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February 8, 2016

Book Notes - Paul Goldberg "The Yid"

The Yid

In the Book Notes series, authors create and discuss a music playlist that relates in some way to their recently published book.

Previous contributors include Bret Easton Ellis, Kate Christensen, Kevin Brockmeier, T.C. Boyle, Dana Spiotta, Amy Bloom, Aimee Bender, Jesmyn Ward, Heidi Julavits, Hari Kunzru, and many others.

Paul Goldberg's debut novel The Yid is a darkly comic masterpiece centered around a 1953 assassination attempt on Stalin.

Booklist wrote of the book:

"Goldberg ingeniously captures the brutality and lunacy of Stalin’s rule as well as Russia’s stoicism in this spectacularly incisive, humanizing, and comedically cathartic theater of the absurd."


In his own words, here is Paul Goldberg's Book Notes music playlist for his debut novel The Yid:


A playlist was a writing tool I used constantly as I wrote The Yid, a dark comedy set in Moscow of 1953.

Songs helped me establish connections with Russian history and with my characters. This playlist is, in effect, the novel's back panel. Remove it, and you will see the wiring.

My relationship with these songs precedes The Yid. I grew up with most of them; I can sing most of them, though God knows I shouldn't.

The heart of The Yid's sound track is Paul Robeson singing in Russian and Yiddish. In 1949, in the midst of the Soviet anti-Semitic campaigns, Robeson sang the Song of the Warsaw Ghetto in Yiddish at the Tchaikovsky Hall in Moscow.

His diction in Yiddish is fascinating. I particularly like the way he sings the word oysgebenkte, final. He makes it sound like machinegun fire: oys-ge-ben-kte. In this remarkable interpretation of this remarkable song, it's somehow clear that the guns are ours.

In 1949, any Jewish role in victory over Fascism was denied by official propaganda. Yet, here was a hero of the Left singing the song of a major resistance movement, which was—yes—Jewish. Histories suggest that at the time he chose this song, Robeson knew that his friend, the Yiddish poet Itzik Fefer, was doomed. Indeed, he would be executed in 1952.

There are layers of complexity in this situation—not least of which is the slippery persona of Fefer—but one thing is undeniable: Robeson's choice of material constituted a clear affirmation of the Jewish role in the war.

It's fitting that an African American hero would sing the song of the fighters of the Warsaw ghetto. One of the characters in The Yid is an African American enlightened worker. Like Robeson, who had an extensive Russian and Yiddish repertoire, my character—Friedrich Lewis—speaks Russian and Yiddish.

Robeson sang in Hebrew, too. At the Tchaikovski Hall concert, he sang what the playlist refers to as Hasidic Chant. It's sometimes also called Kaddish of Levi Yitzhak, inspired by a Hasidic master from the town of Berdichev. In the novel, as in real life, the Robeson's song would have been the only possible source of a segment of the prayer for the dead—should one choose to pray for the dead.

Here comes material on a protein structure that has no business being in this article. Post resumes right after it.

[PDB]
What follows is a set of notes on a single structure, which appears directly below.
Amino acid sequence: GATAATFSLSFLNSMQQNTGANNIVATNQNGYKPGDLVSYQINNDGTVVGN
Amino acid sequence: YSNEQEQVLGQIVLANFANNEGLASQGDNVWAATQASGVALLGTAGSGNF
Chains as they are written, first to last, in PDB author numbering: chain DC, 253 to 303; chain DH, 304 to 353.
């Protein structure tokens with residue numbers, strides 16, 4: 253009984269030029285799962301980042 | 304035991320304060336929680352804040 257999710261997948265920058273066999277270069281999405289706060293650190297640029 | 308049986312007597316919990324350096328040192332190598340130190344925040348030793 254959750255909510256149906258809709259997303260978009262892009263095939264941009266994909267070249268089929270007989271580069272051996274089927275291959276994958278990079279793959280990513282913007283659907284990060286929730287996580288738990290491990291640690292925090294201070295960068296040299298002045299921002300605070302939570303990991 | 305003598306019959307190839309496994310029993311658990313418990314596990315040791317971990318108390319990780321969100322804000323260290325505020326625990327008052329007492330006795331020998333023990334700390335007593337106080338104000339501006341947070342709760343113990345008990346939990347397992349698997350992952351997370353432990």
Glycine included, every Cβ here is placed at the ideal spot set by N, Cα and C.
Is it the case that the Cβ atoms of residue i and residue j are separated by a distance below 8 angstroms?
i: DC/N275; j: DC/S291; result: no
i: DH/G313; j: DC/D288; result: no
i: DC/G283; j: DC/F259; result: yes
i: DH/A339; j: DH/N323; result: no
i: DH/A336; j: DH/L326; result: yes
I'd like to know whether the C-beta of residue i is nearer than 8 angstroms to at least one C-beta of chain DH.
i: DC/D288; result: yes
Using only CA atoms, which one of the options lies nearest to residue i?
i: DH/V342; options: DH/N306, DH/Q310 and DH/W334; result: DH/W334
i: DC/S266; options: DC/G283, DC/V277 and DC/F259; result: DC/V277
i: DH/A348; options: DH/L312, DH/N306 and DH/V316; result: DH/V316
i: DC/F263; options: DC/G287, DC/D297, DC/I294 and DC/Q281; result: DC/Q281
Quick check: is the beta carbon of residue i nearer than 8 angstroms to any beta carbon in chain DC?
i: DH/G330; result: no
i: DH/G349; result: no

One of the songs on this playlist—The Native Land (Shiroka strana moya rodnaya)—comes from a Soviet musical. The film, called "Circus," was released in 1936. It tells the story of an American circus star, who has a secret—she has a black baby. Circus includes an appearance by Mikhoels, a legendary actor and director of the Moscow Yiddish Theater—and one of the characters in The Yid. Mikhoels sings a Yiddish lullaby to the black baby. A line in that song surely appealed to Robeson and every other progressive then and now: "Net dlya nas ni chernykh ny tsvetnykh." Translation: To us there are no Blacks or Coloreds.

Marxism negates ethnicity and race. Alas, in the USSR, theory and practice diverged on this point. Hence, The Yid.

Mikhoels and Robeson knew each other. Both played Shakespearean roles on and off-stage. Mikhoels famously claimed Lear for the Yiddish-speaking Jews. (Indeed, who is Lear but an old fool with three daughters; a royal Tevye.) Robeson equally famously reclaimed Othello. As I tried to delve deeper into the lives of these characters, I turned to a recording of Robeson performing Othello's final soliloquy; skip to the end of this recording:

Soft you; a word or two before you go.

I have done the state some service, and they know't.

No more of that. I pray you, in your letters,

When you shall these unlucky deeds relate,

Speak of me as I am; nothing extenuate,

Nor set down aught in malice: then must you speak

Of one that loved not wisely but too well;

Of one not easily jealous, but being wrought

Perplex'd in the extreme…

The cataclysms of the 20th century gave Robeson and Mikhoels a lot of material to be perplex'd in the extreme about.

Robeson's material also included a translation of a Soviet song From Border Onto Border (Ot kaya I do kraya) A basic glorification of the Red Army and the Soviet way of life, it sounds inspirational in Robeson's rendition. I can't decide what I like more: his accent in Russian or the charmingly awkward translation.

Another character in The Yid—Kima Petrova—is informed by a song by one of my favorite contemporary Russian poets, Aleksandr Galich. Galich played guitar and sang extraordinarily intricate compositions—it's difficult to call them songs. One of these compositions, called The Song of the General's Daughter or Karaganda, was the story of a semi-literate young woman who lives in squalor and harbors dim memories of a happy early childhood in Leningrad.